Author : Alice Perrin
Publisher : Speaking Tiger Books
Genre : Historical Fiction
Source : Publisher, I requested a copy
Rating 3/5 Stars
If you follow my blog or my twitter, you’ll know that I previously reviewed and adored The Woman In The Bazaar. After that, I was lucky enough to receive Star Of India, another book by author Alice Perrin, to read and review here. While both are the same genre following similar themes, the experience was a little different from TWITB. Both stories follow young ladies that have somehow ended up married to older men and each one features the older man being a suspicious git. Though in one case it doesn’t end as badly as it does in the other.
As mentioned earlier, Alice Perrin writes historical anglo Indian fiction. There are no Indian main characters in her books, I imagine it might have been scandalous at the time, and all her characters that are Indian are usually in a position of servitude. She showcases exactly what life might have been like for the English ladies in India at the time and I really enjoy reading her POV. This one is divided into two parts, one is before the major turn of events takes place and part II is after. And just like the solid divide in the book, my feelings for each part is just as divided.
I adored part one, not as much as say TWITB but I liked it nevertheless and thought it a perfect Sunday brunch out in the garden with a cup of tea and maybe a couple of cookies sort of read. Part two on the other hand felt like it was lacking a bit, maybe a bit broody and slow for my taste. Of course the last few chapters picked it up again but it felt rushed instead of the well done pacing that the first part has and that took away some of my enjoyment.
WHAT I LIKED : Stella. No I don’t mean I liked her (I think she deserves a good scolding) I meant I liked how well the author had written her. You can almost picture this girl and if the story was another one I wouldn’t say she’d be sees as much different from Anne of Green Gables, though maybe not as talkative. (Am I the only one that feels this way?). I don’t mean their inherent sense of duty and suchlike but their childlike wonder and happiness in the little things. I thought she was one of the best characters ever written by this author and ad the whole thing been from her POV or if atleast she’d had more chapters dedicated to her, I’d have left this read feeling more satiated. The pacing throughout part one is excellent as well. She writes well and writing interaction between people is something she excels at.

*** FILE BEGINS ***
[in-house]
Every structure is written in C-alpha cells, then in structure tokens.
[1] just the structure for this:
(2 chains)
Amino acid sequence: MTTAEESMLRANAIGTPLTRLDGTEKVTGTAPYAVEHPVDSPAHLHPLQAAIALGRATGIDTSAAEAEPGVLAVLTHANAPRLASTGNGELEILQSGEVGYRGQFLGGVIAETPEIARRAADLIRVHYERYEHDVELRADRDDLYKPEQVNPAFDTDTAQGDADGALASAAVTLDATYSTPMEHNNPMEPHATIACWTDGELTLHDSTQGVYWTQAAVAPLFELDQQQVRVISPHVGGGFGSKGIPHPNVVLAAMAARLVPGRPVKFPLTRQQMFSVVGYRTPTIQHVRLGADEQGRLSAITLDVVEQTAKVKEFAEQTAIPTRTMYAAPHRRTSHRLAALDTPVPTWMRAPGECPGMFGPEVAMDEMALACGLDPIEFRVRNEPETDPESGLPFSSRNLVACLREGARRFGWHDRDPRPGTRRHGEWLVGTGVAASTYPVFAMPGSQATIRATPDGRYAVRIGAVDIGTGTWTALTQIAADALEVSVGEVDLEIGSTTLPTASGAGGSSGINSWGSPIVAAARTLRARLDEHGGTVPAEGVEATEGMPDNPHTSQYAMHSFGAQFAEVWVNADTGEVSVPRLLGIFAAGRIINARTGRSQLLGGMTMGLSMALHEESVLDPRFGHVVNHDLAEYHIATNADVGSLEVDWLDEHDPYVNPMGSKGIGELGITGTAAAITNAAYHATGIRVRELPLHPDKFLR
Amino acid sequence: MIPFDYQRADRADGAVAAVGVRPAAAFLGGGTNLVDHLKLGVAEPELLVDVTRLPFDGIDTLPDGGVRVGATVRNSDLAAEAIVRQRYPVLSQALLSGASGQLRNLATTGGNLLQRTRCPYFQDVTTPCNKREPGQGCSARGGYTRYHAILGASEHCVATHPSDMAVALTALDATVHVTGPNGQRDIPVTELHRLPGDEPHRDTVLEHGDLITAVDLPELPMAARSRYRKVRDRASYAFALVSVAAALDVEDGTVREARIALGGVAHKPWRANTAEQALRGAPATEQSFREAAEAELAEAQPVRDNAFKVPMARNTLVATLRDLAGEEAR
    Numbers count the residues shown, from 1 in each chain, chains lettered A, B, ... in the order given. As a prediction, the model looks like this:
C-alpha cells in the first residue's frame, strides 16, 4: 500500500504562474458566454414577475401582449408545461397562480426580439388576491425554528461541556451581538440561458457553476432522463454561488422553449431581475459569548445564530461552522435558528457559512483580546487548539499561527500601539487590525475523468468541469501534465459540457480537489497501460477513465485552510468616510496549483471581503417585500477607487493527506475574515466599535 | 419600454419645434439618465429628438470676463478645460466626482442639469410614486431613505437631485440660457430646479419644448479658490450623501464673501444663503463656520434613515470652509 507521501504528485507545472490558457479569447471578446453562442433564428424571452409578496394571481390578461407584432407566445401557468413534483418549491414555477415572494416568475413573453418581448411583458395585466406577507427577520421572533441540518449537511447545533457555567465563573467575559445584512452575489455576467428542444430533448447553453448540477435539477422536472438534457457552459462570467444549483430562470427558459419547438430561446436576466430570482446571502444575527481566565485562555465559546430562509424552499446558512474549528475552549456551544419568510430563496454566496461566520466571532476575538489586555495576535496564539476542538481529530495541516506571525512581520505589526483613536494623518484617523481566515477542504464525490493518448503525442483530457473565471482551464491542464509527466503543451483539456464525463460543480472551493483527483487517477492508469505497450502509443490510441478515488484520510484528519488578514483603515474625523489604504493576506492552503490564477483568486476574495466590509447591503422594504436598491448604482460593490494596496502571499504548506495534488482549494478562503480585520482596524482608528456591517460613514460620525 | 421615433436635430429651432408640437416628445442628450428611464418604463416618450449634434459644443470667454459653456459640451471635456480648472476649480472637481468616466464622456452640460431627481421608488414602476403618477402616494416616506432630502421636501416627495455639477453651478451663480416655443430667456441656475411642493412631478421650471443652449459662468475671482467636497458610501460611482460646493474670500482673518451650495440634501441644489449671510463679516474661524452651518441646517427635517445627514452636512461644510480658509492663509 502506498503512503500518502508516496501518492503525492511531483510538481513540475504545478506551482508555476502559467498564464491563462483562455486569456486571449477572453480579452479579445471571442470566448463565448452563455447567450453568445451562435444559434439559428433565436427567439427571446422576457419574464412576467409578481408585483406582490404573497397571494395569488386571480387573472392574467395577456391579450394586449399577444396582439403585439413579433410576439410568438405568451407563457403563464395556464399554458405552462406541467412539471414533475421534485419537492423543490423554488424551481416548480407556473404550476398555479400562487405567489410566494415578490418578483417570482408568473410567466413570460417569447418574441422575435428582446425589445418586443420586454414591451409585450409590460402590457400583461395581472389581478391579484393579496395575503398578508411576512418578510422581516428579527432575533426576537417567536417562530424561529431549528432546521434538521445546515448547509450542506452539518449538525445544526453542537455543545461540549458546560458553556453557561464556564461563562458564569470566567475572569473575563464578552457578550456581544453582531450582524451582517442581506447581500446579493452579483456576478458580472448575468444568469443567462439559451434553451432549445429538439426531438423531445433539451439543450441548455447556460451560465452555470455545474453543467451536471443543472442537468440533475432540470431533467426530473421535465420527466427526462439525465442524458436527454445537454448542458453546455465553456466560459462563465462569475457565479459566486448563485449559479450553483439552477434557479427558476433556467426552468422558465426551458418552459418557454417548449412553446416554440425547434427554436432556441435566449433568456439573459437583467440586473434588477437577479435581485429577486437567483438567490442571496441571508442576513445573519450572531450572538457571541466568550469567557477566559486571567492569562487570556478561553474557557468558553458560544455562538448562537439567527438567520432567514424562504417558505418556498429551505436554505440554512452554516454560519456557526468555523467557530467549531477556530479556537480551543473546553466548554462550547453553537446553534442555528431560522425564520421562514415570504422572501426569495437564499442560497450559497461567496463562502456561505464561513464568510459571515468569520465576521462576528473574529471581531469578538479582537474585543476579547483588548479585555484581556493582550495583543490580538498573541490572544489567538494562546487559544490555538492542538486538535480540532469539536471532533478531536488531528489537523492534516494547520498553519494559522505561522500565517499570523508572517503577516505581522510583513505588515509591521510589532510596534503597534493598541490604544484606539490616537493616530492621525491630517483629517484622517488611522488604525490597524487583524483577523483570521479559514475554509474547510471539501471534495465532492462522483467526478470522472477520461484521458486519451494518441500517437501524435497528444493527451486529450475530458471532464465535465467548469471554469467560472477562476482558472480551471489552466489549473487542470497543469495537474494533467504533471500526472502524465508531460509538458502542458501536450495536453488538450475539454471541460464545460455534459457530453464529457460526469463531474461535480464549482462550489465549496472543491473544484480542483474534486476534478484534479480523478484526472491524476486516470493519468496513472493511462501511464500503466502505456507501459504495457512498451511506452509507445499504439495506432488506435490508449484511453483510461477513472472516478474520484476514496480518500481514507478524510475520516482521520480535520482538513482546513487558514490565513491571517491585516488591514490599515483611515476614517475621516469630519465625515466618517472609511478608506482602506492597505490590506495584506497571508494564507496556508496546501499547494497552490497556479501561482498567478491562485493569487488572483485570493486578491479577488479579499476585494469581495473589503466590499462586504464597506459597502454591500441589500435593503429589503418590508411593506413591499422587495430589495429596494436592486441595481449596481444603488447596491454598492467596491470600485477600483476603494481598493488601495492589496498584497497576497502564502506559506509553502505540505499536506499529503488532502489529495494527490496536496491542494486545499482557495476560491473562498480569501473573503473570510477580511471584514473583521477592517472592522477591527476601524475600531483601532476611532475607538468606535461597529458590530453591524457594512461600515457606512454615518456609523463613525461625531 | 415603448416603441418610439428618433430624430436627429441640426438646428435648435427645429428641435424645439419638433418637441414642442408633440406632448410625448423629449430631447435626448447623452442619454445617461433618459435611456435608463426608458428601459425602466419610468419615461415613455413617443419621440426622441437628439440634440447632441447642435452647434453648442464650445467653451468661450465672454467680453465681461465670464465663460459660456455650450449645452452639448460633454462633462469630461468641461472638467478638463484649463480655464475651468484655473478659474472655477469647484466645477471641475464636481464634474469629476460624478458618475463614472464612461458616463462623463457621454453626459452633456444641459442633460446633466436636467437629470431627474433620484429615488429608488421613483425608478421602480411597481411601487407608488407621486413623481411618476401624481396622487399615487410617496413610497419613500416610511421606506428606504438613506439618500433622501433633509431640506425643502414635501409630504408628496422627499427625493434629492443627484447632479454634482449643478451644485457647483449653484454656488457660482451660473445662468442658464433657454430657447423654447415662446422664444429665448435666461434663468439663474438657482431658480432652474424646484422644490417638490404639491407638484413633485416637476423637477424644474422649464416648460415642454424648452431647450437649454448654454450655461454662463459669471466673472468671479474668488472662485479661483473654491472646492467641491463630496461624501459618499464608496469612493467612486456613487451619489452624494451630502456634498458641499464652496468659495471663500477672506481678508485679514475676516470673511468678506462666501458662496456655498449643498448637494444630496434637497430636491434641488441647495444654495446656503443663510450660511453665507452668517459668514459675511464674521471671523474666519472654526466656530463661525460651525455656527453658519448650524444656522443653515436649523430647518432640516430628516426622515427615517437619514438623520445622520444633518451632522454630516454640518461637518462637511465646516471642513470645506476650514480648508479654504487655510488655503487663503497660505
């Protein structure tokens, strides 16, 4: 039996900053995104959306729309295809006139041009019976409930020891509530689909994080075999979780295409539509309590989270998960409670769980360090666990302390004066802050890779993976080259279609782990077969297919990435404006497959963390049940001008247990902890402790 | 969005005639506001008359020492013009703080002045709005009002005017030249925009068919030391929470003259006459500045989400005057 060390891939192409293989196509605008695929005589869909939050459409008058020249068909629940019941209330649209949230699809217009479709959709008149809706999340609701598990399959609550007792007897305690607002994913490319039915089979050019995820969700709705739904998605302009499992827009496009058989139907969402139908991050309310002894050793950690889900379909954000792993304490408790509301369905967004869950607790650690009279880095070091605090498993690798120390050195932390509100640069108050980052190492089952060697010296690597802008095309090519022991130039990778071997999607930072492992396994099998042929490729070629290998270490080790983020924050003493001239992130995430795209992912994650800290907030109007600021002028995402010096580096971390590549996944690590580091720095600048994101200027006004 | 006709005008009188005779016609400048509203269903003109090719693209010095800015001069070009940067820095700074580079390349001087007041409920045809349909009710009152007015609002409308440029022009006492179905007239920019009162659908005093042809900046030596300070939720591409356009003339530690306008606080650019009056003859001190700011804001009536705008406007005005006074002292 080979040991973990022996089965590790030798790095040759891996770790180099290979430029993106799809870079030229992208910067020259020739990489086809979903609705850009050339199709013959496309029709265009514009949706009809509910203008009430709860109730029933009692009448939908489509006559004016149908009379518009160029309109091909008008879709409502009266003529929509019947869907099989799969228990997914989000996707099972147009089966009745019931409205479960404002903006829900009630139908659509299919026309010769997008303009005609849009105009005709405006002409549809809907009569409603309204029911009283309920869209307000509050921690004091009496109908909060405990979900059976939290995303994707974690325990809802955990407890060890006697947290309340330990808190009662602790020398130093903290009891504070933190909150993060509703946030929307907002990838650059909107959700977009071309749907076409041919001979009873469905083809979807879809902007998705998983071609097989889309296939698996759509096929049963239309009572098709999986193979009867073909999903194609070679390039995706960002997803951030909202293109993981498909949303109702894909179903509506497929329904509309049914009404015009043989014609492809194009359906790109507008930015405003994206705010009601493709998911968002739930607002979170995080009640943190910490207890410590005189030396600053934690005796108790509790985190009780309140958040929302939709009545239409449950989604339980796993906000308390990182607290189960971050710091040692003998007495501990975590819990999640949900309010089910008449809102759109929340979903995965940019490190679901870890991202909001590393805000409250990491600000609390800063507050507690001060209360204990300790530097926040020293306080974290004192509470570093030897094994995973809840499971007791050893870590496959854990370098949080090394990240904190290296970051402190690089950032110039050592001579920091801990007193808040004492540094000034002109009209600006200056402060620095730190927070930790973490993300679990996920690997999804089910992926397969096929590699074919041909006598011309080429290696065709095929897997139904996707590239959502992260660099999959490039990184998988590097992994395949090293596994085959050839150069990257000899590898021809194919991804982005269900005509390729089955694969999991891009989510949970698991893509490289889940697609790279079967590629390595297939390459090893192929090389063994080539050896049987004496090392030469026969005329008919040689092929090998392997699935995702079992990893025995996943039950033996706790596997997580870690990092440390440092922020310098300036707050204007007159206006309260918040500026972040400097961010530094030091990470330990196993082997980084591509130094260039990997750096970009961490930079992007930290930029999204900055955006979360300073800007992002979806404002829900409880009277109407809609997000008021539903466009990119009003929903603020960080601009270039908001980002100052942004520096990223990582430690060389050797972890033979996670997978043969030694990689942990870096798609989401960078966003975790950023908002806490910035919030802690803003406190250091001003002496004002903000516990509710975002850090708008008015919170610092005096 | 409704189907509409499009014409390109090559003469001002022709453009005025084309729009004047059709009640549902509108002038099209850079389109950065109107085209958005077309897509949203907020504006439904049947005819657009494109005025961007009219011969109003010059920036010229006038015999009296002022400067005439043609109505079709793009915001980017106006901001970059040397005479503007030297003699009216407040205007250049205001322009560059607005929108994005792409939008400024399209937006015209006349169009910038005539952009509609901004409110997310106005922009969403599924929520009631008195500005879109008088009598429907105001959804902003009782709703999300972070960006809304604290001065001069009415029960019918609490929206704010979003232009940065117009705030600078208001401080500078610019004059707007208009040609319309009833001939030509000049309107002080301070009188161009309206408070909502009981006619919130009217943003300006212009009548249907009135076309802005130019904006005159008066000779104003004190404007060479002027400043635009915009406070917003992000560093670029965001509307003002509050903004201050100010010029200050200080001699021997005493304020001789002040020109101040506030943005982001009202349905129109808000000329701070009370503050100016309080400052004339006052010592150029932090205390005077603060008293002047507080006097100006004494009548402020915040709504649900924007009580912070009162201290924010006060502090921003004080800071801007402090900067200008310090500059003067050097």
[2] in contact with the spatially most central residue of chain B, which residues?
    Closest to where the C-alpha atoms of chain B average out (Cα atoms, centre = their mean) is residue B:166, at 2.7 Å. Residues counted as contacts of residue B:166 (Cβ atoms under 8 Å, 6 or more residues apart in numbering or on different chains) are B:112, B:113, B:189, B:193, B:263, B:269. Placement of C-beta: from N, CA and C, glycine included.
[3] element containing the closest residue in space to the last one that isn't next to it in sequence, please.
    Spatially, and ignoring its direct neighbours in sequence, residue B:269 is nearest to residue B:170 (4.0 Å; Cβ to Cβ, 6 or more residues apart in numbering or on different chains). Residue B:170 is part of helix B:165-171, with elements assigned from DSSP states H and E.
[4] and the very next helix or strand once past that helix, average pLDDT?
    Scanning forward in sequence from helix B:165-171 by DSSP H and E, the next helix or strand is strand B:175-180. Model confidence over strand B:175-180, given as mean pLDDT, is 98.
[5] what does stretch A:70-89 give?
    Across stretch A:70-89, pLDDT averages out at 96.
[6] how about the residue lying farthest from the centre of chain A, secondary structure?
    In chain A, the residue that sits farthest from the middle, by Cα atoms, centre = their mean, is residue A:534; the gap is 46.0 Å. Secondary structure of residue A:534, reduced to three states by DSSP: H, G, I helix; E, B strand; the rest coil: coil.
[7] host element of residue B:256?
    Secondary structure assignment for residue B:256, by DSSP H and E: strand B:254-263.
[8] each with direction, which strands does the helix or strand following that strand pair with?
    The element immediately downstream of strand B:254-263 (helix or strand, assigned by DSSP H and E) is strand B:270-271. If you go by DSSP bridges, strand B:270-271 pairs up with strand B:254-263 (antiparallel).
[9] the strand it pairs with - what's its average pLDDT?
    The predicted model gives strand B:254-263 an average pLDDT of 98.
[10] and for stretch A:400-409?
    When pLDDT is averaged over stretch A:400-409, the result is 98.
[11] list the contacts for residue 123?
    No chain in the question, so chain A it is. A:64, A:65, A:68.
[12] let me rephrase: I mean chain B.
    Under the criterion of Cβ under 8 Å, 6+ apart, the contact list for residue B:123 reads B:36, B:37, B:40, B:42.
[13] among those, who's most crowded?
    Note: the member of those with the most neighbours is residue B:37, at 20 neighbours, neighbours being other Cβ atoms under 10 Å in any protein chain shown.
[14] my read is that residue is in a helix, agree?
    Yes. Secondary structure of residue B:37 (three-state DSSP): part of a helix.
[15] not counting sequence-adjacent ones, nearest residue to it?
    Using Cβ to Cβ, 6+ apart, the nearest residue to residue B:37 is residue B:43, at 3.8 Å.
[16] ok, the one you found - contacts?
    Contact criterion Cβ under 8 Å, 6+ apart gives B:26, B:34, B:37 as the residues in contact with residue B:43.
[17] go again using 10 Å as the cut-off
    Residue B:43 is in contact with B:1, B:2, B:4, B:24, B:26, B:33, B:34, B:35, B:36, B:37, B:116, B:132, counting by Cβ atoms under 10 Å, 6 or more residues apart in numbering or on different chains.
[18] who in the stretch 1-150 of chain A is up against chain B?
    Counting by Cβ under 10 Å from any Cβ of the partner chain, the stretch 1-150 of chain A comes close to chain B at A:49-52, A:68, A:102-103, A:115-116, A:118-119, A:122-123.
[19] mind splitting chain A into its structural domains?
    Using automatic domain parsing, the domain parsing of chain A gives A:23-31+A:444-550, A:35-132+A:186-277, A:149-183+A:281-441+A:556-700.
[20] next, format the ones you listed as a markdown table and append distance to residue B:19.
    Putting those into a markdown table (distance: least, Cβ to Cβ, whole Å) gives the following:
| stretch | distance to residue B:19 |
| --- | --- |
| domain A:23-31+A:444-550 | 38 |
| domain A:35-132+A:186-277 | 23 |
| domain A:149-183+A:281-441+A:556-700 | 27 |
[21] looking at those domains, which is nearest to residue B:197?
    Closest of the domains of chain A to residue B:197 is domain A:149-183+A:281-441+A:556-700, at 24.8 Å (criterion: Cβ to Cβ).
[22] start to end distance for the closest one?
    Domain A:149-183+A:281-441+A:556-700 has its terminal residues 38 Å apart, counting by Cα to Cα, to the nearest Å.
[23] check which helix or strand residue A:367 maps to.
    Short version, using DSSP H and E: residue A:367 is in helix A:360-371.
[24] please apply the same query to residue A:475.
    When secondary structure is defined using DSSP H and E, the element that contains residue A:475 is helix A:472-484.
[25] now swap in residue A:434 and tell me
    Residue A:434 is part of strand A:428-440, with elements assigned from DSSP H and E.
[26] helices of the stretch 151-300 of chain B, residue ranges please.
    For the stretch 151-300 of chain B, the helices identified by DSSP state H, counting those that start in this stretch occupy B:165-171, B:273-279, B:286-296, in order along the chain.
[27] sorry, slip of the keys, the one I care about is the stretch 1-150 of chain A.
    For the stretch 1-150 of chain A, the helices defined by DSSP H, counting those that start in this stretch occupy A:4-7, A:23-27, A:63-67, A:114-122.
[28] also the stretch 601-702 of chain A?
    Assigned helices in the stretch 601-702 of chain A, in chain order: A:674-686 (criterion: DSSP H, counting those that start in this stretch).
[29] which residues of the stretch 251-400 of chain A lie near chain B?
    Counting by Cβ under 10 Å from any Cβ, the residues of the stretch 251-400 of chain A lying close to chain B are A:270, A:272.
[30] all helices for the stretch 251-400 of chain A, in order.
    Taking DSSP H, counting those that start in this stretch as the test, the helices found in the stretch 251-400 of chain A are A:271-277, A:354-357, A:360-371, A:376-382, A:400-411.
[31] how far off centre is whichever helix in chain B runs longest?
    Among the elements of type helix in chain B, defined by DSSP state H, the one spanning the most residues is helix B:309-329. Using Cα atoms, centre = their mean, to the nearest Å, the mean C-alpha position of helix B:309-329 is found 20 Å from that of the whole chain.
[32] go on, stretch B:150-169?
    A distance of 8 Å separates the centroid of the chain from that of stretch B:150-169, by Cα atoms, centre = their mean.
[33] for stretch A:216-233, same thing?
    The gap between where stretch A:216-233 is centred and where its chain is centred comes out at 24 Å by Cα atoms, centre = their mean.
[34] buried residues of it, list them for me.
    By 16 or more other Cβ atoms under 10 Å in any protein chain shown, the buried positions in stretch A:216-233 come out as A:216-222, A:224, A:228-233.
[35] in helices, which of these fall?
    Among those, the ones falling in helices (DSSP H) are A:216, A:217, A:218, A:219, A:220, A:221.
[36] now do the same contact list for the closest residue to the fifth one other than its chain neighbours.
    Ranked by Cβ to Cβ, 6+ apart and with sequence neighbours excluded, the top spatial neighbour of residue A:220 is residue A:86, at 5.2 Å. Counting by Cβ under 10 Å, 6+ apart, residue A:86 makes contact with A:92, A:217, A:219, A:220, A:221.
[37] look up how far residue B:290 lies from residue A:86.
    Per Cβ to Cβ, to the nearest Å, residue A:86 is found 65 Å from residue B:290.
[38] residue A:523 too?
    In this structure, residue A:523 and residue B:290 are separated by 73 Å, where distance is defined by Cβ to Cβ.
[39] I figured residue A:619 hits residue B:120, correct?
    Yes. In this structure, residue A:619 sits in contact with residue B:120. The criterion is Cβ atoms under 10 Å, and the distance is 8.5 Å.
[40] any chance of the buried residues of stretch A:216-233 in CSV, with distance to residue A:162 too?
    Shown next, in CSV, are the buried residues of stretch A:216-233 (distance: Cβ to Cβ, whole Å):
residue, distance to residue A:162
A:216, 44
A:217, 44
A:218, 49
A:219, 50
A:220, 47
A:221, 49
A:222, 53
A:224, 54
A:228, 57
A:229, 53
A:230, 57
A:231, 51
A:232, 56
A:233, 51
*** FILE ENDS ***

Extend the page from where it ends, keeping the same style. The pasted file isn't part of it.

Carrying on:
WHAT I DISLIKED : Alas, I can’t say she excels at writing introspection. While she writes awful older men really well the portions with Philip, only in the second part, left a bit to be desired and I found my mind wandering whenever he went off into deep thought. This slowed down the pace a bit leaving me to skim long paragraphs till I got to the more interesting parts.
That being said I would still recommend this to a lot of people. If you have an older person or someone who prefers classics and older reads but don’t want something that is intense this would be the perfect book for them. After all is it the old fashioned version of a romance novel.
Alice Perrin was born in India in 1867. After her education in England, she married Charles Perrin, an engineer in the India Public Works Department, in 1886, and the couple returned to India for the next sixteen years. Most of her works are based on her experiences in India. Star of India was published in 1919. Her other notable works include East of Suez(1901), The Spell of the Jungle (1902) and The Woman in the Bazaar (1914). Alice Perrin died in Switzerland in 1934.
Stella Carrington, young and beautiful, feels that life is passing her by in the repressed Victorian household of her grandmother and spinster aunts. A casual flirtation shocks and horrifies the elderly ladies, and they summon Robert Crayfield, her godfather, who is an officer in the Indian Civil Service, to make suitable arrangements for her to be a missionary or governess. But, tantalized by her beauty and disregarding the difference in their ages, he offers to marry her instead, scandalizing the village.
Stella, indifferent to romance, is most excited by the prospect of going to India that her marriage offers. Once there, she is enthralled at the beauty and mystery of the subcontinent, but increasingly disenchanted by her husband, who is only interested in her as a whet to his sensual appetites. When the young, handsome Philip Flint is posted as a junior officer in the same town, for the first time, she is forced to consider her own desires and duties.